Developing Point of Sale System: Challenges for Growth

Published 22 January 2016 | Updated 31 July 2017 |


A point of sale system traditionally is associated with the hefty cash-register machine used in retail at the checkout. Many e-Сommerce buyers, however, don’t suspect that they are able to pay for their items online thanks to a POS system as well - or, to be more exact, POS software. Checkout is the final step of the funnel, after so many efforts to bring a visitor to the store and lead towards converting into a customer. Therefore, it is crucial that the paying experience is flawless and nothing hinders store owners to receive their financial reward.

Along with the evolution of retail, the point of sale systems are rapidly developing too. While their hardware part is no longer indispensable (ecommerce is the vivid example), the software, on the contrary, has to be more and more sophisticated to comply with the growing demands of both e-merchants and those running brick-and-mortar stores. Their functionality has significantly grown during the recent years, and became more versatile to accommodate the requirements of each business. Let’s delve deeper into the issue:

  1. Collecting payments and keeping track of sales -- this is POS systems’ key role, but they are no longer limited to it.
  2. Inventory management -- it has become another crucial function, as it significantly eases the life of merchants and saves their time. Instead of conducting manual inventory counts, they can rely on the point of sale system to automatically update the stock levels according to the items sold.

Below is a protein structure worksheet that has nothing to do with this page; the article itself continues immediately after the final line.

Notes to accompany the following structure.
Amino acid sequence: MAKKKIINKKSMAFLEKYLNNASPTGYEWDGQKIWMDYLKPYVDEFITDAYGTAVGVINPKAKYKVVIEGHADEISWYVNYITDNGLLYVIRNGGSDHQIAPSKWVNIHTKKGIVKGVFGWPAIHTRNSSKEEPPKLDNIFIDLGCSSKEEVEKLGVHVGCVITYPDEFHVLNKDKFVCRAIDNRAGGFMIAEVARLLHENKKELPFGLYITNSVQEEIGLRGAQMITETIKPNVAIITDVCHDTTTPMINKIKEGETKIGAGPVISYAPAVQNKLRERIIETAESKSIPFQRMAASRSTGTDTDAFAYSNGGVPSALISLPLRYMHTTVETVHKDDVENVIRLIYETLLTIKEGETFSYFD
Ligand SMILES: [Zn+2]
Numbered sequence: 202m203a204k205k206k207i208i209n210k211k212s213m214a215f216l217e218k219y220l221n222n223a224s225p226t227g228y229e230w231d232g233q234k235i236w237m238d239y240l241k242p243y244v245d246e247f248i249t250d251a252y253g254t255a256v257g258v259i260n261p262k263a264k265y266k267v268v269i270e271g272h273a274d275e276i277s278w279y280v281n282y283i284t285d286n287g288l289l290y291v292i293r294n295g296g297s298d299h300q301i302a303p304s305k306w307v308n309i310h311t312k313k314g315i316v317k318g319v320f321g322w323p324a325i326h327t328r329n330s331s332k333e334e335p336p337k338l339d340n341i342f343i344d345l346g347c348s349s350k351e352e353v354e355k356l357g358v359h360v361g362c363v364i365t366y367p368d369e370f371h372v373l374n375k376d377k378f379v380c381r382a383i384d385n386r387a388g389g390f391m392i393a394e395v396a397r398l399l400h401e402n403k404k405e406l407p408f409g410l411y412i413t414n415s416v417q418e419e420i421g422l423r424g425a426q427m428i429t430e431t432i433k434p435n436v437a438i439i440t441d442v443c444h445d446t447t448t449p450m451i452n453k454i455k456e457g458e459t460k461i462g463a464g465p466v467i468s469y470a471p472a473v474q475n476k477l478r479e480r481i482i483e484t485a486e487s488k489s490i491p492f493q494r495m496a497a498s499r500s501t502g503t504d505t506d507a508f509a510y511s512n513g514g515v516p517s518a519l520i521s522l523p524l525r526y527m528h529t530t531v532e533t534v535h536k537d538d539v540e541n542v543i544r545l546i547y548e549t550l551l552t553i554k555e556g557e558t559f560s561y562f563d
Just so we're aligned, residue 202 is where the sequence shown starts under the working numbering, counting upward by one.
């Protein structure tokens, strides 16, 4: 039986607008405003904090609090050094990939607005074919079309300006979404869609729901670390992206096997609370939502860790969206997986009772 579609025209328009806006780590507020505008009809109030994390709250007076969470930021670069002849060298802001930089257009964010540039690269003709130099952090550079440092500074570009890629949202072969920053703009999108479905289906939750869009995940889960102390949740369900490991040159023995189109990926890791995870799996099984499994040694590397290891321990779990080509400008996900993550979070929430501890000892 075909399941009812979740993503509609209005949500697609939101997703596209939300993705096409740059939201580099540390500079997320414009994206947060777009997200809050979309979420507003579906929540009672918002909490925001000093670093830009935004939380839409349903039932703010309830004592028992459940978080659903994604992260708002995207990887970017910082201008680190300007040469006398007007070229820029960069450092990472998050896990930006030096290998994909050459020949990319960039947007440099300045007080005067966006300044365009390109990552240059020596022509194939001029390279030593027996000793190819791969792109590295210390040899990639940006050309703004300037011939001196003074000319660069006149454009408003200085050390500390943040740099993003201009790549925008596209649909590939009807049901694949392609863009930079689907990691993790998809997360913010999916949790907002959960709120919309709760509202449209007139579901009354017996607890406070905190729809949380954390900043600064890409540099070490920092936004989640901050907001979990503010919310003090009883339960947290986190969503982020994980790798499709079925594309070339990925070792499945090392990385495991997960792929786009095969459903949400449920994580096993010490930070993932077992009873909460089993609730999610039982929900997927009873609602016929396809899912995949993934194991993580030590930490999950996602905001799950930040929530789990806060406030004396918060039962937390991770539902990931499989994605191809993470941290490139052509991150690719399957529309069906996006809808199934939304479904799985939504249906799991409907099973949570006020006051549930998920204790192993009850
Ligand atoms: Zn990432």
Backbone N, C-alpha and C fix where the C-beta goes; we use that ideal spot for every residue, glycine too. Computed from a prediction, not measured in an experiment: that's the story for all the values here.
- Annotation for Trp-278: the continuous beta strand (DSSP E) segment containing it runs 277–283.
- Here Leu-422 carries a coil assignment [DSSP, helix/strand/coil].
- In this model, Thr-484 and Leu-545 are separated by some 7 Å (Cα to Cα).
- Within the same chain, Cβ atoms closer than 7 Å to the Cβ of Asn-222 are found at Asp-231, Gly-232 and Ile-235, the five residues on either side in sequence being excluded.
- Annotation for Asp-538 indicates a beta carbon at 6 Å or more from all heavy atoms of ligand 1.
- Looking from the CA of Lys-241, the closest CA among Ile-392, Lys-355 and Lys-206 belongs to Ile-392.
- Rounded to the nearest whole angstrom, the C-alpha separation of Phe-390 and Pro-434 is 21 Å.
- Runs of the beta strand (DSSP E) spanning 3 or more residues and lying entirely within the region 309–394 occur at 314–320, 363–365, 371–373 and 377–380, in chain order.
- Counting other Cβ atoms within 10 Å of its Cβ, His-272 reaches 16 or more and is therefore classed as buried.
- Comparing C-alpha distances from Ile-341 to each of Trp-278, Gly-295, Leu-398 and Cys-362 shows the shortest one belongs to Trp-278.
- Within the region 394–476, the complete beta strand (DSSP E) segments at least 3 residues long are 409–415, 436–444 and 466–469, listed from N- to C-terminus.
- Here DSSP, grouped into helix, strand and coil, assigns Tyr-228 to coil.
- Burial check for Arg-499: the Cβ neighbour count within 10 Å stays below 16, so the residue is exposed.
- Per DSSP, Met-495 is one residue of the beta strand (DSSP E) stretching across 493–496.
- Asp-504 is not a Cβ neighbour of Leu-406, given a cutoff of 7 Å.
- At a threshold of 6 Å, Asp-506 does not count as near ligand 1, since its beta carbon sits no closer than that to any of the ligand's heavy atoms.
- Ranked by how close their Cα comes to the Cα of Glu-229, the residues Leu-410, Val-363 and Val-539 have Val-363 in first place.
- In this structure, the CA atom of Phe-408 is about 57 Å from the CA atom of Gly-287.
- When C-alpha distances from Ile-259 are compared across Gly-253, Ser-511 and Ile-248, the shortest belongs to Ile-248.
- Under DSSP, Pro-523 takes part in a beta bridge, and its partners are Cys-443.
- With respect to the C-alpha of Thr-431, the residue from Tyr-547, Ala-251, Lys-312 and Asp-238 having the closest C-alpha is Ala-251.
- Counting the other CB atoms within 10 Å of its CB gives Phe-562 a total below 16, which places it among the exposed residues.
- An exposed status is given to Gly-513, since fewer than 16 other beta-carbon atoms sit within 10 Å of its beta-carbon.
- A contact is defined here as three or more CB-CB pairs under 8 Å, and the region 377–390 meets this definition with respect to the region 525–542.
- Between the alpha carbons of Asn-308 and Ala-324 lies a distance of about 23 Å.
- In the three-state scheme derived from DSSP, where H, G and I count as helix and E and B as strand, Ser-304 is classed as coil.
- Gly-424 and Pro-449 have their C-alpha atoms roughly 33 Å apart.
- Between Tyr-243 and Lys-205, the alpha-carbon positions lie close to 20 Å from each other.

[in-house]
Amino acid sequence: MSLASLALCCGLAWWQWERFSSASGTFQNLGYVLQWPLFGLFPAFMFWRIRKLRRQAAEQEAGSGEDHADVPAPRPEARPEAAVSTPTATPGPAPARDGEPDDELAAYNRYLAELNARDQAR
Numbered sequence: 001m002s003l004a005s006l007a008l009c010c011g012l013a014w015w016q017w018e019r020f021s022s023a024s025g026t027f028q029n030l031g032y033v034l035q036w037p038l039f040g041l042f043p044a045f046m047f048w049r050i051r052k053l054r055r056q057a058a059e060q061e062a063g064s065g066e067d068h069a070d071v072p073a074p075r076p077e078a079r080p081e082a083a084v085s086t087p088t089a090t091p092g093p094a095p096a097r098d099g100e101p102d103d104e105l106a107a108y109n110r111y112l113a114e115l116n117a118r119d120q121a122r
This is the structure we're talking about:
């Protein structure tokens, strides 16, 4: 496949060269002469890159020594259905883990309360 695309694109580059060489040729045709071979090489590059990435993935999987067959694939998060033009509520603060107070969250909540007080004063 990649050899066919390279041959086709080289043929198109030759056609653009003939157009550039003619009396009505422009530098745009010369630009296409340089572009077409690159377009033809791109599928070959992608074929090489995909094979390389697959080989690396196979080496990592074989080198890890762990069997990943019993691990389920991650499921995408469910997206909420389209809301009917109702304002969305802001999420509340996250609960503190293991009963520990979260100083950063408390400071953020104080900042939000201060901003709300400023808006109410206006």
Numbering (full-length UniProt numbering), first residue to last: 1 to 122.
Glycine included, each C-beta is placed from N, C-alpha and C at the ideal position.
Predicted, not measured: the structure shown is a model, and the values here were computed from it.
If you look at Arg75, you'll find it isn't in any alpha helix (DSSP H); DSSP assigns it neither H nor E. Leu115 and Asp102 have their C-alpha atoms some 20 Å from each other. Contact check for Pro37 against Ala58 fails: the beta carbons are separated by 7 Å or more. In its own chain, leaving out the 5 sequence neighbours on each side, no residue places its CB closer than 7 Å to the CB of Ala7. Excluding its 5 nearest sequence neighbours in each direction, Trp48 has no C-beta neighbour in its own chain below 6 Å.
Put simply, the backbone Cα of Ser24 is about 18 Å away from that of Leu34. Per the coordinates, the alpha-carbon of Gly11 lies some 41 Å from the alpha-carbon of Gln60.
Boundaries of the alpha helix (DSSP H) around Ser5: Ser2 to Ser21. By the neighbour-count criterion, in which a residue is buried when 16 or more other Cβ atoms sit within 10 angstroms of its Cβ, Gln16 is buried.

3. Reporting -- POS software integration into accounting allows using its data to track the revenue, manage taxes etc.
  4. Gathering and managing customer information -- it helps with loyalty programs and is crucial in building trust with the buyers.

Clearly, a system like this is a must-have for merchants willing to focus on growing their business rather than dealing with paperwork. Moreover, the versatility of businesses calls for customized solutions and therefore building a business that can satisfy the customers’ demands in POS systems is a promising.

At present, a ready point of sale product seldom gets directly from the manufacturer/developer to the end user. Distributors and value added resellers (VARs) are in most cases mediators in the process, communicating the customers’ needs to the developers and then bundling the package for the buyer that exactly corresponds to their needs.

If you decide on building or refining your POS solution, don’t be deceived by the idea that since your task is only creating the product, it is going to be easy. You’ve got to be aware of the key tendencies on the market as well as typical challenges you are about to face. This will not only make your product maximally competitive, but also help to catch VARs’ attention and thus get new clients.

So, let’s now get to the gist and discuss the points that require your special consideration.

POS developer? Take the challenge!

Multichannel sales have become a trend nowadays, as well as the combination of online and offline sales “under one roof” that is quickly gaining popularity. Many merchants who run regular retail stores eventually come to the decision to go online, too, and choose their point of sale solution with this perspective in mind. This sets certain requirements to this software, that are up to its developers to implement and figure out how to do it in the most efficient way.